But only the Monte Carlo was accused of fleecing patrons when winnings were paid out and of cheating passengers at card games.

          "Especially in the case of the Monte Carlo, there was a rip-off going on," Jenne said.

          Undercover gambling experts aboard the Monte Carlo turned up evidence that dealers shortchanged gamblers collecting winnings and withheld "high count" cards from the decks in some card games, said Jenne spokeswoman Cheryl Stopnick.

          "It's a little hard to get blackjack when the face cards and aces are missing," Stopnick said.

          The allegations of cheating could result in the filing of an unfair and deceptive trade practice complaint by Butterworth or the filing of criminal charges by Broward state prosecutors, who were asked to review investigative findings concerning the Monte Carlo.

          Because a criminal record is sufficient for the National Indian Gaming Commission (NIGC) to disqualify someone as manager of an Indian casino, prosecution for acts aboard the Monte Carlo could affect the management of the Seminole casinos in Tampa and Immokalee.

          "The NIGC is tasked with approving casino managers," said Assistant Attorney General John Glogau, "and I'd assume if the civil forfeiture case blossoms into criminal action, as these things often do, the NIGC would be interested to know the people running the Tampa Indian casino are running an illegal gambling operation elsewhere."

          The U.S. Justice Department already maintains that illegal gambling is occurring at the Seminole casinos in Tampa, Immokalee, Hollywood and Brighton through hundreds of video slot machines. In a civil complaint filed 15 months ago, U.S. Attorney Charles Wilson asked a federal judge to order the lucrative slot machines removed. The case is still pending, even as the tribe has added dozens of slot machines at its Tampa facility.

          Clare, who has managed the Seminole Tribe's Tampa casino since it opened in 1982, declined to comment about the Monte Carlo. Levy could not be reached for comment.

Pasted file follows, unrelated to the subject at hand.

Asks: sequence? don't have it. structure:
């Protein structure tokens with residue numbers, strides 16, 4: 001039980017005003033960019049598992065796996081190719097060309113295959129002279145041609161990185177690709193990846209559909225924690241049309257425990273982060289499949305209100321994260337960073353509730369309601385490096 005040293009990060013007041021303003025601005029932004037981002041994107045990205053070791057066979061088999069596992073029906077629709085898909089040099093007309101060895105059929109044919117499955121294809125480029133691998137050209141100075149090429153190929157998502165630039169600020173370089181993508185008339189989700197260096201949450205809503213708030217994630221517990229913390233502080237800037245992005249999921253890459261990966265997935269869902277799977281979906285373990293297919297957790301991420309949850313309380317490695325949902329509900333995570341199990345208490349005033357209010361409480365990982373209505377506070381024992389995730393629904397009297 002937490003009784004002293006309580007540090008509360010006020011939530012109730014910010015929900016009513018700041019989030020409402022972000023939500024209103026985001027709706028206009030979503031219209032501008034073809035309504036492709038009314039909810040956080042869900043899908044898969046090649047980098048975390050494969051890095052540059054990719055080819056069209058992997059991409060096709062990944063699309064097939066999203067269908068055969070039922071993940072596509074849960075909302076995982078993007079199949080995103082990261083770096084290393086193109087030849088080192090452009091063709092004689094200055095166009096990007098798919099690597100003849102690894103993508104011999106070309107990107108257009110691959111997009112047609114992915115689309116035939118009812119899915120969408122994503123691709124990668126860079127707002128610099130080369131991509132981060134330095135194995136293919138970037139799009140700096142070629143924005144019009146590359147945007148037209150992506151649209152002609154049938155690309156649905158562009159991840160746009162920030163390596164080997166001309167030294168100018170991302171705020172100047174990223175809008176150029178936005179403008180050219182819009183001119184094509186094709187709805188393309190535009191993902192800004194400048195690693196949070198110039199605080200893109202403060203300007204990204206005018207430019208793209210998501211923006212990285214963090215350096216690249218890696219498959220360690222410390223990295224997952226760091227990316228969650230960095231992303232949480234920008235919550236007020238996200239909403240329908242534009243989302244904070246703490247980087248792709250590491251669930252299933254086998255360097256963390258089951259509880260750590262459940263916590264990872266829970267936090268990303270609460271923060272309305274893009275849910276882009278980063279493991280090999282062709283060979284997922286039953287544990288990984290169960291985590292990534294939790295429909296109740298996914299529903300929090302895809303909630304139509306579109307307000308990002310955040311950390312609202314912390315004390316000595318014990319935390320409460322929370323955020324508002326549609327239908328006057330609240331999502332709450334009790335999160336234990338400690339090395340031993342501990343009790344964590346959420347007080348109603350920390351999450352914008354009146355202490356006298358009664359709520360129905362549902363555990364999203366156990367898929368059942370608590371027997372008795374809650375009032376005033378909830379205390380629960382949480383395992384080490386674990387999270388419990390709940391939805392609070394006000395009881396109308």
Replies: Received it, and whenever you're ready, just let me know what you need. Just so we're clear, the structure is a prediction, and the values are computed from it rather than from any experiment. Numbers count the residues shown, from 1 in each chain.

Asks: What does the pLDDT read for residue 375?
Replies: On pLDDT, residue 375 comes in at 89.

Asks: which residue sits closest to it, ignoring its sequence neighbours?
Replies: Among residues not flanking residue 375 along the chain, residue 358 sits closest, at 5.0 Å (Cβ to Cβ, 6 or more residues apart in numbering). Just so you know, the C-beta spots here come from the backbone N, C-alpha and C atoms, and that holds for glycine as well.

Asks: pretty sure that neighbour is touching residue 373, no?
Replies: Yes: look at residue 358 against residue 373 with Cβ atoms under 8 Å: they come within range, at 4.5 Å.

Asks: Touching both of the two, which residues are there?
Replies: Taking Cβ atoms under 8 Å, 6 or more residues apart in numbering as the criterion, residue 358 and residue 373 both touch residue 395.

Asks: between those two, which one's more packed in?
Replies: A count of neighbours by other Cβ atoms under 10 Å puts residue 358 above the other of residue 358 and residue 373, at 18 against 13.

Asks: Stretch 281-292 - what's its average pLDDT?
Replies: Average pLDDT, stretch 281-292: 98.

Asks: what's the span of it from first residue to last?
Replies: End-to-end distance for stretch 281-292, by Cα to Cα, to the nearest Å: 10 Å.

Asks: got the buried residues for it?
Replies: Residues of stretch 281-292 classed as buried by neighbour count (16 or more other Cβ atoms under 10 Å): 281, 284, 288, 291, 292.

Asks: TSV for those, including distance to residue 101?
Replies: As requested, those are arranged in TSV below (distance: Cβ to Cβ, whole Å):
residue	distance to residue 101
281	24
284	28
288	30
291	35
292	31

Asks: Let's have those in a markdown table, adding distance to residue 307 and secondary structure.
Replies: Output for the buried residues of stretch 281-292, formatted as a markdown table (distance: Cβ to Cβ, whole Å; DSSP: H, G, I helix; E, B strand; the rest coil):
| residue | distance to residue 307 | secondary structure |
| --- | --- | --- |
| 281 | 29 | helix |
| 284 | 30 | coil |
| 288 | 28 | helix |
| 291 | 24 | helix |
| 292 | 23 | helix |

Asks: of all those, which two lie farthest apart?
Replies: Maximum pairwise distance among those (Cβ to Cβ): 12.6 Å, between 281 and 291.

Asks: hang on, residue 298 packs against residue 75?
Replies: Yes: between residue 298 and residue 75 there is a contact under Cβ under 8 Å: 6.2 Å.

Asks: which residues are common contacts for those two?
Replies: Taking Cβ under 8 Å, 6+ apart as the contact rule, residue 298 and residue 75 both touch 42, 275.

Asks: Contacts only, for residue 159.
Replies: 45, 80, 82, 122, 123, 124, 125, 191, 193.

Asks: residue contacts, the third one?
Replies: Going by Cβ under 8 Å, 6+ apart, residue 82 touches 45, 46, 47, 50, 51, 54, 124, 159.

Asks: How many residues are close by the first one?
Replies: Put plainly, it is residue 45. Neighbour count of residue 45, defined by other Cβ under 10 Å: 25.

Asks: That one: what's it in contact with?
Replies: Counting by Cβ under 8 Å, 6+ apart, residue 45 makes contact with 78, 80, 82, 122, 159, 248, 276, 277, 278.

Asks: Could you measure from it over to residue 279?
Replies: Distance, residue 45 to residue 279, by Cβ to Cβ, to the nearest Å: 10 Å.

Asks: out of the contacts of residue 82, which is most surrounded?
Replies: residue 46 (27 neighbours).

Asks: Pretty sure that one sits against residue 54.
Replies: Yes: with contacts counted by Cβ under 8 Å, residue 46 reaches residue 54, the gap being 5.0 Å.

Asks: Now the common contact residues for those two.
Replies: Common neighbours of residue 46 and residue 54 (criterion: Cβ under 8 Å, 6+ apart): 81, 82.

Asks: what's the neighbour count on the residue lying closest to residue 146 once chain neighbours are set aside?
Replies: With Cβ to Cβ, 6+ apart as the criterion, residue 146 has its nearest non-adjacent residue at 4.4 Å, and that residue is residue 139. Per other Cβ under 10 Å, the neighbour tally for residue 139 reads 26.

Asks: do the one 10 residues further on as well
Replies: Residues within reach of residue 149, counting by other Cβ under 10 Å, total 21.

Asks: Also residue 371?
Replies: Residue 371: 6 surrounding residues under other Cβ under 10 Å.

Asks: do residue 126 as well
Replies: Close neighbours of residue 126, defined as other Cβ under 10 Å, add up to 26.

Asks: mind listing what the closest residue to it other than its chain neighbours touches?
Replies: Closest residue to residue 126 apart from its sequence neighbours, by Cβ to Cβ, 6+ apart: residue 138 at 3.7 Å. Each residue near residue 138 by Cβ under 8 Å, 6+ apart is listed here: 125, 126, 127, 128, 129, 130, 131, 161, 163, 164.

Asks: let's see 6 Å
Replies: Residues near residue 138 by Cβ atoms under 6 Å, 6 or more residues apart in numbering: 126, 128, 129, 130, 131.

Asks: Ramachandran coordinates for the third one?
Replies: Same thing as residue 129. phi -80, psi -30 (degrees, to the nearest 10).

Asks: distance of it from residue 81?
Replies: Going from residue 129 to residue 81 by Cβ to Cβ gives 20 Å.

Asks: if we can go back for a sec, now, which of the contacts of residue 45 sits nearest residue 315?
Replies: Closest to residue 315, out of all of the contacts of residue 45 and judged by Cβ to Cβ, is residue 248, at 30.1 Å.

Coastal gaming principal Neal Gellert also could not be reached for comment. Maryland State Police investigated but never charged Gellert in 1989 after receiving information that he was involved in a scheme to siphon money from several charitable organizations running Las Vegas casino nights.

          Seminole Tribal attorney Jim Shore said Wednesday the tribe has invested twice in Coastal Gaming, but could not estimate the size of the tribe's stake. Shore also was unable to say what action tribal officials might take as a result of the investigation of the Monte Carlo.

          Asked if he knew if cheating might be going on in the tribe's casinos, Shore replied, "I hope not."

            eddessaknight's avatar - nw paladin.jpg
            LAS VEGAS
            United States
            Member #47729
            November 22, 2006
            4495 Posts
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            Posted: August 2, 2010, 4:24 pm - IP Logged

            thanks to truesee

             

            More news on Tribal Casino Soverinty plus IRS

            Appearently Tribe refuses to render to Caeser their fair share of wampum for US taxes

            EddessaKnight Sun Smiley

            ~

            Miccosukee tribe launches counterattack against IRS

             

            The Miccosukee Tribe has launched a counterattack against the IRS, saying that millions of dollars in gambling profits distributed to members are not subject to federal income taxes.

             

            JAY WEAVER

            Miami Herald

            In a legal showdown with the IRS, the Miccosukees say their members don't owe any taxes on income they receive from the tribe's gambling operation -- a stance that sets them apart from possibly every Indian tribe with casinos in the United States.